A similar stability study was performed on the same compositions after lypohilization and reconstitution in distilled water, as in Example 1. The results, given in Table 4, show (a) relatively small size increases over the eight day test for each of the four compositions, and (b) little effect on size changes of the molar amount od cholesterol sulfate.
TABLE 4______________________________________ Particle Size (mean ± S.D. nm) as a FunctionDays of of AMB/CHSO4 Molar Ratio (Post-Lyophilization)Storage 1:1 1:2 1:3 1:4______________________________________0 268 ± 137 211 ± 105 265 ± 147 279 ± 1512 304 ± 153 331 ± 177 541 ± 293 554 ± 3036 340 ± 171 418 ± 224 515 ± 283 478 ± 2428 371 ± 188 436 ± 228 570 ± 314 487 ± 258______________________________________
The four samples from Example 1 were diluted to approximately 0.3 μmole/ml with 0.9% (w/v) saline and their sizes measured as in Example 2. The results are shown at the top line in Table 5 below. For each formulation, saline produced a more than tenfold increase in mean particle size. The size growth of the 1:1 composition was substantially less than for the three compositions with greater amounts of cholesterol sulfate.
The four samples were also diluted 1:1 (v/v) with human plasma and subsequently (within a few minutes of contact with the plasma) diluted with 10 mM 0.1 mM EDTA, 10% lactose (w/v) buffer pH 7.4, for sizing. Size measurements, reported in Table 5 below, were made immediately after diluting, and 20 minutes after diluting. The data indicate that the 1:1 formulation is least sensitive to size change, upon contact with plasma, and that for all formulations, incubation in the diluted medium for 20 minutes produced some size decrease.
TABLE 5______________________________________ Particle Size (mean ± S.D. nm) as a Function of AMB/CHSO4 Molar Ratio (Post-Dialysis)Treatment 1:1 1:2 1:3 1:4______________________________________Dilute in 3328 ± 13209 ± 6789 ± 11072 ±saline 1990 8288 4276 6618Mix + 728 ± 334 1200 ± 628 4017 ± 1942 ±plasma, 1951 1043dilute + sus-pendingbuffer20 minutes 358 ± 169 823 ± 457 1745 ± 1667 ± 942later 1007______________________________________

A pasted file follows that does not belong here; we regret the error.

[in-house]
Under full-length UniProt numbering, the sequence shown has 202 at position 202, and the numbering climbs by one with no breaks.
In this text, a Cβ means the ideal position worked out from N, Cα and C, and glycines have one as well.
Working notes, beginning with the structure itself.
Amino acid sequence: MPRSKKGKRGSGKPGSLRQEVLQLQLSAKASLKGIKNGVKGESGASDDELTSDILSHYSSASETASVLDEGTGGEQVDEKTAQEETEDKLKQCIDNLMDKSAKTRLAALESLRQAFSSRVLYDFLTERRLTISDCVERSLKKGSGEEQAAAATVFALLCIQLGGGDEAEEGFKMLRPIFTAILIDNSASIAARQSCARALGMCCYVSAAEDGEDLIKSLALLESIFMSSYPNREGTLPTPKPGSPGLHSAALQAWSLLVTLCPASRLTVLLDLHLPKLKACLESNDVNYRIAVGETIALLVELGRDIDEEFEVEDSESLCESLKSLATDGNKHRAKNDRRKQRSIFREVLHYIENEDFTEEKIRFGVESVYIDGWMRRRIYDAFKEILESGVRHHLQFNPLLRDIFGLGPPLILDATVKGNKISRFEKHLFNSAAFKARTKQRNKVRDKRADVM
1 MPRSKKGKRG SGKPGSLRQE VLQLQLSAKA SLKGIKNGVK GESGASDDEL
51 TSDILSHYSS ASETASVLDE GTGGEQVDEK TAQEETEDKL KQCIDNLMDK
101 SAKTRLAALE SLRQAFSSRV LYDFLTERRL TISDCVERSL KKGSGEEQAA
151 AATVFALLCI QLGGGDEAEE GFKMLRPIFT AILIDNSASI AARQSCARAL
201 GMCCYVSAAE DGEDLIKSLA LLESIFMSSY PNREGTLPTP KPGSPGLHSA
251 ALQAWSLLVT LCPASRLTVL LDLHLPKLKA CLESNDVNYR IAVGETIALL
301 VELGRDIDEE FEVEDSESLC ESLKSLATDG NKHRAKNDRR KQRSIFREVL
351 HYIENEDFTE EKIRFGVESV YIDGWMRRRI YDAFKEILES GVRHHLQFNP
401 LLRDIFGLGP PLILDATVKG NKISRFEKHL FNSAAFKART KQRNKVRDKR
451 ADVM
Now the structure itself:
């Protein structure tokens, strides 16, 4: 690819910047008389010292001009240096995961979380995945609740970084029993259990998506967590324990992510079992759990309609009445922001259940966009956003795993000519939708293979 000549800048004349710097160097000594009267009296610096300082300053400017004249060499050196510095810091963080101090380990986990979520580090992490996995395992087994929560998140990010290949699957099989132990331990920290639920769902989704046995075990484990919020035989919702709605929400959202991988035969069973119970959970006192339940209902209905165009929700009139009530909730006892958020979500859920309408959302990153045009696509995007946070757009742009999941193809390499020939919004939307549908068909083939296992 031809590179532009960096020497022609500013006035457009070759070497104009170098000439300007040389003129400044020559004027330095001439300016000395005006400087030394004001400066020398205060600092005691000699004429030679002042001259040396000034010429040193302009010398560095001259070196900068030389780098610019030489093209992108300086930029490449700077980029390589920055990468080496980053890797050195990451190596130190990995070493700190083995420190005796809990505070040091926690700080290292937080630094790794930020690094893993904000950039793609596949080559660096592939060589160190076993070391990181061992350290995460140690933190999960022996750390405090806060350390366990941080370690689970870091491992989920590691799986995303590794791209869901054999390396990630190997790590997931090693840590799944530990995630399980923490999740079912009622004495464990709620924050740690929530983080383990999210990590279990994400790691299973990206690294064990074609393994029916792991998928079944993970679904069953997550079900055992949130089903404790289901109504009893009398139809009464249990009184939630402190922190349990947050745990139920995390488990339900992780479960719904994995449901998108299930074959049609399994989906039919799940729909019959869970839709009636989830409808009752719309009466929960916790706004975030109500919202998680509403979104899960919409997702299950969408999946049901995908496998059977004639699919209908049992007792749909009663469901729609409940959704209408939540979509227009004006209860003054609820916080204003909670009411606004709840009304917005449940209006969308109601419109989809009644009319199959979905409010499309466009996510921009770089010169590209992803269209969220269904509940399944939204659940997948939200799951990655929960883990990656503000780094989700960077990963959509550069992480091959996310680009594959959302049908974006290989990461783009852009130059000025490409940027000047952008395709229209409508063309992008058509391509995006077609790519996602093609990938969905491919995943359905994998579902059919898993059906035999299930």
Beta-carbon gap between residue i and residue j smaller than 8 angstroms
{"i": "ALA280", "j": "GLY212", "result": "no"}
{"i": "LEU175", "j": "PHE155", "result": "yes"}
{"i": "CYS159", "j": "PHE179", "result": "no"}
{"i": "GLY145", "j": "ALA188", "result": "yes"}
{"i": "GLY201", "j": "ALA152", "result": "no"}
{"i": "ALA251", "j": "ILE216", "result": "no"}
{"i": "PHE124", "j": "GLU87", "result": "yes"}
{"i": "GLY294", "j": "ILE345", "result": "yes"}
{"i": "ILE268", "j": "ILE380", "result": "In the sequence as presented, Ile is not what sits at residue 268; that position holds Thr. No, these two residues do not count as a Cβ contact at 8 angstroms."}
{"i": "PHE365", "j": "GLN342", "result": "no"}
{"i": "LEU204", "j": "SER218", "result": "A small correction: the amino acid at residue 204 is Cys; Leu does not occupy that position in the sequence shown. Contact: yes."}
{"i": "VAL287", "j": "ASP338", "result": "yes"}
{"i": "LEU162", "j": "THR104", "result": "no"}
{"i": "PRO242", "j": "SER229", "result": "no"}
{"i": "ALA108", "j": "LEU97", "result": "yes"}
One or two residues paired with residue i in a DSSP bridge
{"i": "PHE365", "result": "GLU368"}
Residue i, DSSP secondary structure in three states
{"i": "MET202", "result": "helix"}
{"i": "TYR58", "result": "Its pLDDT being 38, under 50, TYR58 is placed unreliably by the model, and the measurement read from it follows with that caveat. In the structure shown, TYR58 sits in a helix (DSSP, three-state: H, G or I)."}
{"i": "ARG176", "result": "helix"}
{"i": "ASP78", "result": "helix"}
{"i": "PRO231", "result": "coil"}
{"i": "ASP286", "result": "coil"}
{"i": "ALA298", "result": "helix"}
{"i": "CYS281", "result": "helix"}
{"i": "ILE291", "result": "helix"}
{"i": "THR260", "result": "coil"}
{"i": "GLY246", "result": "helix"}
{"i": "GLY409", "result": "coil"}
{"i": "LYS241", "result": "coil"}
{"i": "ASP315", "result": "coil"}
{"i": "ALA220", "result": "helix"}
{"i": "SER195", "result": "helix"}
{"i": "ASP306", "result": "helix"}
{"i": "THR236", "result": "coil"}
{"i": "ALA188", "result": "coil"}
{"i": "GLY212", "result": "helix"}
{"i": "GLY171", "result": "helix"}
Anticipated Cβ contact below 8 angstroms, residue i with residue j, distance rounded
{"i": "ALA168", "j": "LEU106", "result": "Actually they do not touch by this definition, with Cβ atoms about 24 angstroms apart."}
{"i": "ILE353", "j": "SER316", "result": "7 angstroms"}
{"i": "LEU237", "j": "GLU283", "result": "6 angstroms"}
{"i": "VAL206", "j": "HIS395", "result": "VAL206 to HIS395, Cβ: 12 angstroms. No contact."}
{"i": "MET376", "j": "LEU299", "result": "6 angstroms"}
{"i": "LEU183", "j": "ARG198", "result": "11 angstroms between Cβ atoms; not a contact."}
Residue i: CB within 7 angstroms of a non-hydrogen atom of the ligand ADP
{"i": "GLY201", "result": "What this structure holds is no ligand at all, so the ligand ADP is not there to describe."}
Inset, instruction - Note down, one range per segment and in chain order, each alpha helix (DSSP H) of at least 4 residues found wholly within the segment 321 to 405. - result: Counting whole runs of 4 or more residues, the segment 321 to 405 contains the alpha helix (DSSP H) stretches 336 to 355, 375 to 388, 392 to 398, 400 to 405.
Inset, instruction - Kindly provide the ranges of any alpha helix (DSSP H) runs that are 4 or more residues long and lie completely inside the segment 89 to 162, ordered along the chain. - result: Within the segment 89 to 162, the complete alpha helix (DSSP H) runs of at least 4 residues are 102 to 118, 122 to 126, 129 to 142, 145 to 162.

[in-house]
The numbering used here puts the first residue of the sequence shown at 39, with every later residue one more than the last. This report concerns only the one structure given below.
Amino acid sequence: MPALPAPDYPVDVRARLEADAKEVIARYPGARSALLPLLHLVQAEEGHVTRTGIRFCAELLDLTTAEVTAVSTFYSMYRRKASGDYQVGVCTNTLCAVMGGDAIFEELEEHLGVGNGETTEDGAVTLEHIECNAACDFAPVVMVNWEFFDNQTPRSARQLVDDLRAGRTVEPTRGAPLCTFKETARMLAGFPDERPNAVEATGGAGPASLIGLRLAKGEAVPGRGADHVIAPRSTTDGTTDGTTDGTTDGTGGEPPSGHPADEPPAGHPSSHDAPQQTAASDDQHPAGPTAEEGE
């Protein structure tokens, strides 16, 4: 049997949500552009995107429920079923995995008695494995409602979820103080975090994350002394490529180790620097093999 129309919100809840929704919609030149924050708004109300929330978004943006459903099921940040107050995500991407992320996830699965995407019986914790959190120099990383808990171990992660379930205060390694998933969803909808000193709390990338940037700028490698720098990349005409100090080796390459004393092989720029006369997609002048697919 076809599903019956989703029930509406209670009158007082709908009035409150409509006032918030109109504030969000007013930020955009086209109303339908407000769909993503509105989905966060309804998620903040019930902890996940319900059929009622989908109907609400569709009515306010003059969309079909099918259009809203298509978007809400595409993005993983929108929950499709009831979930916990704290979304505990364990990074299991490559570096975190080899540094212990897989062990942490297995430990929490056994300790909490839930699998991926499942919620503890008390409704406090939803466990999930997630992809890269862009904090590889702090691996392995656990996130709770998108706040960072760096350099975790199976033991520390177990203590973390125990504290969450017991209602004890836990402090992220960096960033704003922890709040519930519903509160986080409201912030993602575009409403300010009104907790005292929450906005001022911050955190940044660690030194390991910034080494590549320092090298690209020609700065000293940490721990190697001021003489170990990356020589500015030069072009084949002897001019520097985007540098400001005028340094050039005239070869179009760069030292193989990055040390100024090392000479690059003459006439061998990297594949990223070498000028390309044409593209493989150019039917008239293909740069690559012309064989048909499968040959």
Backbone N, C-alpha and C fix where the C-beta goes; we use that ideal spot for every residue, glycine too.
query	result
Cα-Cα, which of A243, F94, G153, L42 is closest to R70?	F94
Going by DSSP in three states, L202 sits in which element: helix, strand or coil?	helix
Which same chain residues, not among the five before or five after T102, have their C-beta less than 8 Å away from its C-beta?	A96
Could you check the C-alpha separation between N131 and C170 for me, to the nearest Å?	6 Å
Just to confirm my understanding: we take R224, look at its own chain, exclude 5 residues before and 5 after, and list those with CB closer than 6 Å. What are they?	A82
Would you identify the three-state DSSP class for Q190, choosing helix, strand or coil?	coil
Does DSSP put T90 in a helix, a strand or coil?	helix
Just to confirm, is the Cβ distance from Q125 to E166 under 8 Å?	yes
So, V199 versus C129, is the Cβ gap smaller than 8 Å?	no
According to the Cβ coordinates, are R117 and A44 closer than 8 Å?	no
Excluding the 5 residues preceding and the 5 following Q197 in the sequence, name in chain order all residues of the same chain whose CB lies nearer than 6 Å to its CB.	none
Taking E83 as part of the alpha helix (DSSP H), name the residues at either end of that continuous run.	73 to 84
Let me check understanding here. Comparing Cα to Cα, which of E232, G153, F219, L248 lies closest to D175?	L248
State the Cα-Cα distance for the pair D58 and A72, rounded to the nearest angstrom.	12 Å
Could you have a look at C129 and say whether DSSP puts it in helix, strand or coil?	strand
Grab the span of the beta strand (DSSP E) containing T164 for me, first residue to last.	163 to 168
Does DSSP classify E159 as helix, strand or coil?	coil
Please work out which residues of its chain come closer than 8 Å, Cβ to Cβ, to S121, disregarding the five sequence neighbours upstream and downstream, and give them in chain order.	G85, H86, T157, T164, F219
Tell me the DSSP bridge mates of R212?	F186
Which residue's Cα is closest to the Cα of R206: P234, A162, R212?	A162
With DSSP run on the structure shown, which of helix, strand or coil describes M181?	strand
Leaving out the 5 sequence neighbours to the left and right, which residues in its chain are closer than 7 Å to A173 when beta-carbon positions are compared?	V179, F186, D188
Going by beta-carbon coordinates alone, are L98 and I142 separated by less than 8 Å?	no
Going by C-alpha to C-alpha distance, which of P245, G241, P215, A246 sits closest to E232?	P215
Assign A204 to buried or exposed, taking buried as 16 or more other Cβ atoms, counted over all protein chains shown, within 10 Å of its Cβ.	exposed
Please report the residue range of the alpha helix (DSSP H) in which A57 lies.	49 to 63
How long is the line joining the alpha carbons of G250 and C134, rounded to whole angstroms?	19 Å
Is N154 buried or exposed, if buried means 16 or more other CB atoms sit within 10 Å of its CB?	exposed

Similar size measurements, after mixing with 0.9% saline or plasma, were made on AMB/cholesterol sulfate particles after lyophilization and rehydration with distilled water, as in Example 1. The results are shown in Table 6 below. Size changes similar to those observed with pre-lyophilized particles (Table 5 data) were observed.
TABLE 6______________________________________ Particle Size (mean ± S.D. nm) as Function of AMB/CHSO4 Molar Ratio (Post-Lyophilization/Hydration)Treatment 1:1 1:2 1:3 1:4______________________________________Dilute in 1738 ± 8405 ± 13158 ± 9813 ±saline 1007 5549 8625 6265Mix + 955 ± 446 1030 ± 550 1766 ± 2467 ±plasma, 976 1233dilute + sus-pendingbuffer20 minutes 534 ± 267 776 ± 378 1147 ± 643 2661 ±later 1374______________________________________
The ability of the AMB/cholesterol sulfate particles to encapsulate a radiolabeled marker was examined. CHSO4 /AMB, 4:1 molar ratio particles, were prepared as in Example 1, except that the Tris buffer medium used to suspend the dried AMB/cholesterol sulfate mix contained 1 μCi of 14 C-sucrose. The suspension was applied to a Sephadex G50 gel exclusion column equilibrated with 10 mM Tris/HCl, 0.1 mM EDTA, 10% (w/v) lactose buffer, pH 7.4, and the applied material was eluted with the same buffer. The particles were eluted in the void volume, which was monitored by UV absortion at 280 nm. The samples were collected and examined for radioactivity by conventional scintillation counting. It was found that 95% of the AMB was in the particle peak, whereas no detectable peak of 14 C-sucrose occurred in this region.